Style

The Art of Wearing Your Decisions

What you wear can make your decisions for you.

I choose a pale blue sweater and end up sitting on my bed all day, watching movies on my laptop and reading articles about curling my hair, saving money, berry smoothies for clearer skin. I read and am inspired, but when night rolls around, productivity hasn’t necessarily occurred.

If I’m wearing leggings, I’ll more likely go for a run. If I’m wearing a dress, I’ll more likely go out. If I’m wearing pyjamas, I’ll more likely hibernate in my room.

Some days we dress more for comfort, others more for fashion. In winter I care less about my appearance and more about being rugged up, but in summer I care more about my appearance, because hey, I’m going to feel sweaty and gross regardless of what I’m wearing.

Some days we go through five different outfits before sticking with our first option. Why is that? Why can an outfit look so good, and two weeks later make you want to cry? Why can my hair look so good on the days I don’t see anyone, or five minutes before I go to sleep?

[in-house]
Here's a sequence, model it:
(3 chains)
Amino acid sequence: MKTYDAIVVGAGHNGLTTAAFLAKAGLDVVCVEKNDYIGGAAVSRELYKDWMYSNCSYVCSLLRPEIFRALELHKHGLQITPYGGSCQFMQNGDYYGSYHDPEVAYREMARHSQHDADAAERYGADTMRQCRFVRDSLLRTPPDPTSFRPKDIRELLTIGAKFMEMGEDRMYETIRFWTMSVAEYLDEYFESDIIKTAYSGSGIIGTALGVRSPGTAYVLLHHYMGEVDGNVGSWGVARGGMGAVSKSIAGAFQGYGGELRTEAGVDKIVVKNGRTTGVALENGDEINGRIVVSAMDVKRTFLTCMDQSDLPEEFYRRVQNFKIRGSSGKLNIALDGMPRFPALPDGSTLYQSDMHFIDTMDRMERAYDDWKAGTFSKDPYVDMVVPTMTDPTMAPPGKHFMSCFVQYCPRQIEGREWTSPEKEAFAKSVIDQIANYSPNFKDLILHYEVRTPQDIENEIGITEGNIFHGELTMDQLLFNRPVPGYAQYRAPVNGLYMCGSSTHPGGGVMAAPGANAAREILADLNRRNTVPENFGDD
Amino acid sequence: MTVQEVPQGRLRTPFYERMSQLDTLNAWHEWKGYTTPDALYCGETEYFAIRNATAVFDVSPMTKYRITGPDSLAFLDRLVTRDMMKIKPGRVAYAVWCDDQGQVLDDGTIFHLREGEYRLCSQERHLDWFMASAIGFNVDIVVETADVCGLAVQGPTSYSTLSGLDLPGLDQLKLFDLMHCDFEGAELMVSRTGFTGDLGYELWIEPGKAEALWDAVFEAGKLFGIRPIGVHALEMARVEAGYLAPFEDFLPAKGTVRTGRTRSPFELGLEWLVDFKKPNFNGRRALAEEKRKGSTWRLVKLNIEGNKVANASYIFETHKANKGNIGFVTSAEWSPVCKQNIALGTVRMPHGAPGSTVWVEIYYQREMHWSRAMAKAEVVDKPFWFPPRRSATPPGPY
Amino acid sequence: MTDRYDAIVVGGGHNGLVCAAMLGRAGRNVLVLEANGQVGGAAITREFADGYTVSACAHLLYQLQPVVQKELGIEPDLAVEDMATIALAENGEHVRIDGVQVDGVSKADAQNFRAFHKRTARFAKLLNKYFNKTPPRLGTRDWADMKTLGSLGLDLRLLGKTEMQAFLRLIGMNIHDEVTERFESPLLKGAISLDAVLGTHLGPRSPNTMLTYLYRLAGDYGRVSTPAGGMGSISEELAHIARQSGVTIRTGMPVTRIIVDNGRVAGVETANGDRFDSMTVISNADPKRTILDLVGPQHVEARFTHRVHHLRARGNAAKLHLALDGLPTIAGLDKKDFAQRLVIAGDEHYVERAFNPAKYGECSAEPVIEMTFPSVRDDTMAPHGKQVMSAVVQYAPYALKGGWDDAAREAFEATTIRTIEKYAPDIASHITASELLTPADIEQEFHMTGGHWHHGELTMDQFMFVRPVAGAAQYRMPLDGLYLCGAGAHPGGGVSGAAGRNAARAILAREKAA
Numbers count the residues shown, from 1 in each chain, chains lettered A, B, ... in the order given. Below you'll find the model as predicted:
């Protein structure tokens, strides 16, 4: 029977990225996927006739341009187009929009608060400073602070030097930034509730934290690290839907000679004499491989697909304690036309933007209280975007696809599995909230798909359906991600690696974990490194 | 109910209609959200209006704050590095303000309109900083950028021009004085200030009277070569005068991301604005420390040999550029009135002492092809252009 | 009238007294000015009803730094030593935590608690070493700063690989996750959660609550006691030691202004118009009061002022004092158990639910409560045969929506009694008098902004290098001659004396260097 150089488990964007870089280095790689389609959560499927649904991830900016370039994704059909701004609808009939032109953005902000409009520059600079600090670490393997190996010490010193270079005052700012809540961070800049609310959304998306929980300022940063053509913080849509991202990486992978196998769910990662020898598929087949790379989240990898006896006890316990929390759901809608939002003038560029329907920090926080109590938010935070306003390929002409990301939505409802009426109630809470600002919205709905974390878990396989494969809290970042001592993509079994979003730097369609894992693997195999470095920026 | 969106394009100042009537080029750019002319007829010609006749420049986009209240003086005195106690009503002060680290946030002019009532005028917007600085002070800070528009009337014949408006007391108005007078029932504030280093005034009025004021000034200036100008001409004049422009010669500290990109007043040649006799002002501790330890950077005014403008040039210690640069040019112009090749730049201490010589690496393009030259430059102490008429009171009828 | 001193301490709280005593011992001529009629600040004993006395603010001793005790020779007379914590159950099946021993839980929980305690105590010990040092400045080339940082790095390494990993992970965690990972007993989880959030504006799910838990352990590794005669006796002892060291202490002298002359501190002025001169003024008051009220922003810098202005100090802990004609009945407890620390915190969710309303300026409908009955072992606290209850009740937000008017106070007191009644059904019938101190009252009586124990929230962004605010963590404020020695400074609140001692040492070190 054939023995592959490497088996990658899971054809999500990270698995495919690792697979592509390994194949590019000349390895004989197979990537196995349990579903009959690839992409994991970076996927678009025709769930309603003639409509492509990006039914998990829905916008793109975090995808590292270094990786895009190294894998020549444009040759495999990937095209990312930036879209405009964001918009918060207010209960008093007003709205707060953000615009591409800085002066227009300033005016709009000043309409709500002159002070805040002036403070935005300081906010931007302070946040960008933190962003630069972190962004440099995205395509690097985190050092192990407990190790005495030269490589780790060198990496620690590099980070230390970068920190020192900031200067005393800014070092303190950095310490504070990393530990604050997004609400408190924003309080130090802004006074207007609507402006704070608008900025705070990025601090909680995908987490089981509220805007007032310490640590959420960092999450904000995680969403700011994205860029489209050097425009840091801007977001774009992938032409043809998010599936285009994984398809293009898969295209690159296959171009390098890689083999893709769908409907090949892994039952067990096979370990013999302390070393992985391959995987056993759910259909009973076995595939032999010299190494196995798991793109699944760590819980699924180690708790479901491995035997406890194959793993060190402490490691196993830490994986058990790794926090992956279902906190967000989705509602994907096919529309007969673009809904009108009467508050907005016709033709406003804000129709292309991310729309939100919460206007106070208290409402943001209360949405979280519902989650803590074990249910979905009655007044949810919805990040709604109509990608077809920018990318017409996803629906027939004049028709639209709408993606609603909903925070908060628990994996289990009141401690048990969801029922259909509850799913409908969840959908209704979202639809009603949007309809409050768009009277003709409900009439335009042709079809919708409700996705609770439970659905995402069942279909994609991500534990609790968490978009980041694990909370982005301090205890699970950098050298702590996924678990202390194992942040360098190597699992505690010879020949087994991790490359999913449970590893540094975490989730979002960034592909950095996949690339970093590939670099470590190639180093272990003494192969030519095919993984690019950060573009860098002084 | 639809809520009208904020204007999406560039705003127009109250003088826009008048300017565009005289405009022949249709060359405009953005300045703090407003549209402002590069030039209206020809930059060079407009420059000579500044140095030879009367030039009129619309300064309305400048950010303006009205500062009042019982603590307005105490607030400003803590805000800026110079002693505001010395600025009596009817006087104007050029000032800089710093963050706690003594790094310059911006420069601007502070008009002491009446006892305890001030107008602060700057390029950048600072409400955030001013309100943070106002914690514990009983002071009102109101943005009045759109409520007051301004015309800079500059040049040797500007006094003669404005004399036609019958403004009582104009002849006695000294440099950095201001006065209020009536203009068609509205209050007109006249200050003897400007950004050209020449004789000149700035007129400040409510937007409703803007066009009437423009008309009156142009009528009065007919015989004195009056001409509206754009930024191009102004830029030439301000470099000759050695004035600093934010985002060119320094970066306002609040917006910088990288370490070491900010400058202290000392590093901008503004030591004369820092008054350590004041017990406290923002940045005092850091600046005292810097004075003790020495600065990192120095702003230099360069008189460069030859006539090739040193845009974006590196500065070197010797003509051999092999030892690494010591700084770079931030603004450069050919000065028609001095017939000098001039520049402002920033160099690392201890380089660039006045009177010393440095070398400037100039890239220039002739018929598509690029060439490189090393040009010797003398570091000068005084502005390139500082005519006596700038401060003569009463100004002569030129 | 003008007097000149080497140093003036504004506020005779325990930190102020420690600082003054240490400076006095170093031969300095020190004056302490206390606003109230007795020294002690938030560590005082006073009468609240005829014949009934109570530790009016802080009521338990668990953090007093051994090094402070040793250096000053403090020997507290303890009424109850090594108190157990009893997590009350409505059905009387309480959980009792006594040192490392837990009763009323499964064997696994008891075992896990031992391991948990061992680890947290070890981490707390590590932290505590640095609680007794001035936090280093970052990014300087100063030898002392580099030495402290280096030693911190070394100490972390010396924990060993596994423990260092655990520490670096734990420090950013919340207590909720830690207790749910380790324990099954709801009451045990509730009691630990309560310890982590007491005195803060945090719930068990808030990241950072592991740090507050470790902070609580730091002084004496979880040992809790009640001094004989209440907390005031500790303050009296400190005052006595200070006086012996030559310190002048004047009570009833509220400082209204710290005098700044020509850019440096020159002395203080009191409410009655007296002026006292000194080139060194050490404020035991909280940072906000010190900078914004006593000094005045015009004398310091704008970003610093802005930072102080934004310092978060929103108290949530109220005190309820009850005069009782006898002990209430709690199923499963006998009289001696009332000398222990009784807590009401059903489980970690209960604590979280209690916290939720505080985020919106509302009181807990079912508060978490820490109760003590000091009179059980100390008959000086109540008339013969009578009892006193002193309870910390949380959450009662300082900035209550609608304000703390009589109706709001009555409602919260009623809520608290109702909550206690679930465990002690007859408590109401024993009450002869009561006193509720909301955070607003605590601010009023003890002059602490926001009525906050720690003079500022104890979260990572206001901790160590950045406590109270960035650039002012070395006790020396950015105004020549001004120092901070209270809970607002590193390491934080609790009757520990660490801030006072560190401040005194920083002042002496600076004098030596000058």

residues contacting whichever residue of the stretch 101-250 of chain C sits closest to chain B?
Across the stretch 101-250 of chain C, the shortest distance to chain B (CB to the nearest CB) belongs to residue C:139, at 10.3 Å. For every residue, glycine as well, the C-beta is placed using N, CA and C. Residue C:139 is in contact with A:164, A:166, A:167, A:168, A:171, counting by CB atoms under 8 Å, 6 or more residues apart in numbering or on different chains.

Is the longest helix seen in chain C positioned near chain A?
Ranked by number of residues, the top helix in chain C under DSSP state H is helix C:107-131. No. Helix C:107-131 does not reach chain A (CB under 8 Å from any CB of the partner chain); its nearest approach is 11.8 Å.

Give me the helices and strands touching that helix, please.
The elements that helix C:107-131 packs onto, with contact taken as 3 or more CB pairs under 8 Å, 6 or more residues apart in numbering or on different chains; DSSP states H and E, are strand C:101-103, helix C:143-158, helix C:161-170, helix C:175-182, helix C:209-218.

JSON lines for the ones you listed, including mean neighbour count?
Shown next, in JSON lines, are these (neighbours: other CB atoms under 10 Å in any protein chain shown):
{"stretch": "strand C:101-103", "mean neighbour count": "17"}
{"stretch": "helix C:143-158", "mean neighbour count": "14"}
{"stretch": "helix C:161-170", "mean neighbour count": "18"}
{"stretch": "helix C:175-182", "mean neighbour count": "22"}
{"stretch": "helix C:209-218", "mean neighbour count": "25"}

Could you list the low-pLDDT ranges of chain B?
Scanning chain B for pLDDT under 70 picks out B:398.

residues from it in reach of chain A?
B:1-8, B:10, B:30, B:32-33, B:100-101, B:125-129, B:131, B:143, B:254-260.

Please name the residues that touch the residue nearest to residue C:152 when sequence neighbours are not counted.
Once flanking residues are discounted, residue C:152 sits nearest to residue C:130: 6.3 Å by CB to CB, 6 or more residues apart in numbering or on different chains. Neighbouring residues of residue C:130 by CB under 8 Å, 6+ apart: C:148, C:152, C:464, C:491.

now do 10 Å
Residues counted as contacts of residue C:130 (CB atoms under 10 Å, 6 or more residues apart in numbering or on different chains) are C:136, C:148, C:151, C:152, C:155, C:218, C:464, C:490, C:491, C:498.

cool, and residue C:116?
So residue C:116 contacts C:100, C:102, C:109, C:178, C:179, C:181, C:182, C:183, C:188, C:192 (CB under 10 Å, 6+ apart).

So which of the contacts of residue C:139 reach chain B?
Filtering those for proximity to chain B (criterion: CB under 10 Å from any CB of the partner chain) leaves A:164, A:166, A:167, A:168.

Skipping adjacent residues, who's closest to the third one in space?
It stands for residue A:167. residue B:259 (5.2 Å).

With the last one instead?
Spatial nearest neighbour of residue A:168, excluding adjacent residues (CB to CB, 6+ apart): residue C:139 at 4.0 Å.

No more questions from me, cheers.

Perception. I see myself as looking good when I don’t see the person I want to see. Instead, they see me after I’ve gone for a run and I’m sweaty, or after I’ve been crying and my eyes are red. Thing is, they have seen me look good. I just don’t remember those moments; I remember the moments of being self-conscious, like being caught in a shirt that’s not quite flattering, or wearing pants that don’t quite fit.

If they see me on a good hair day, I’ll be more open to conversation, because I’m more confident. If someone catches me on a bad hair day, I’m more likely to run and hide. I bet half the time they don’t even notice; I probably just look normal most of the time. But in the moment, internal panic ensues and common sense doesn’t make an appearance.

What you wear can make your decisions for you.

I know that my clothes can dictate my actions. Totally aware of it. But I wonder how much they should.

Have a good day, friend,

Sarah xx

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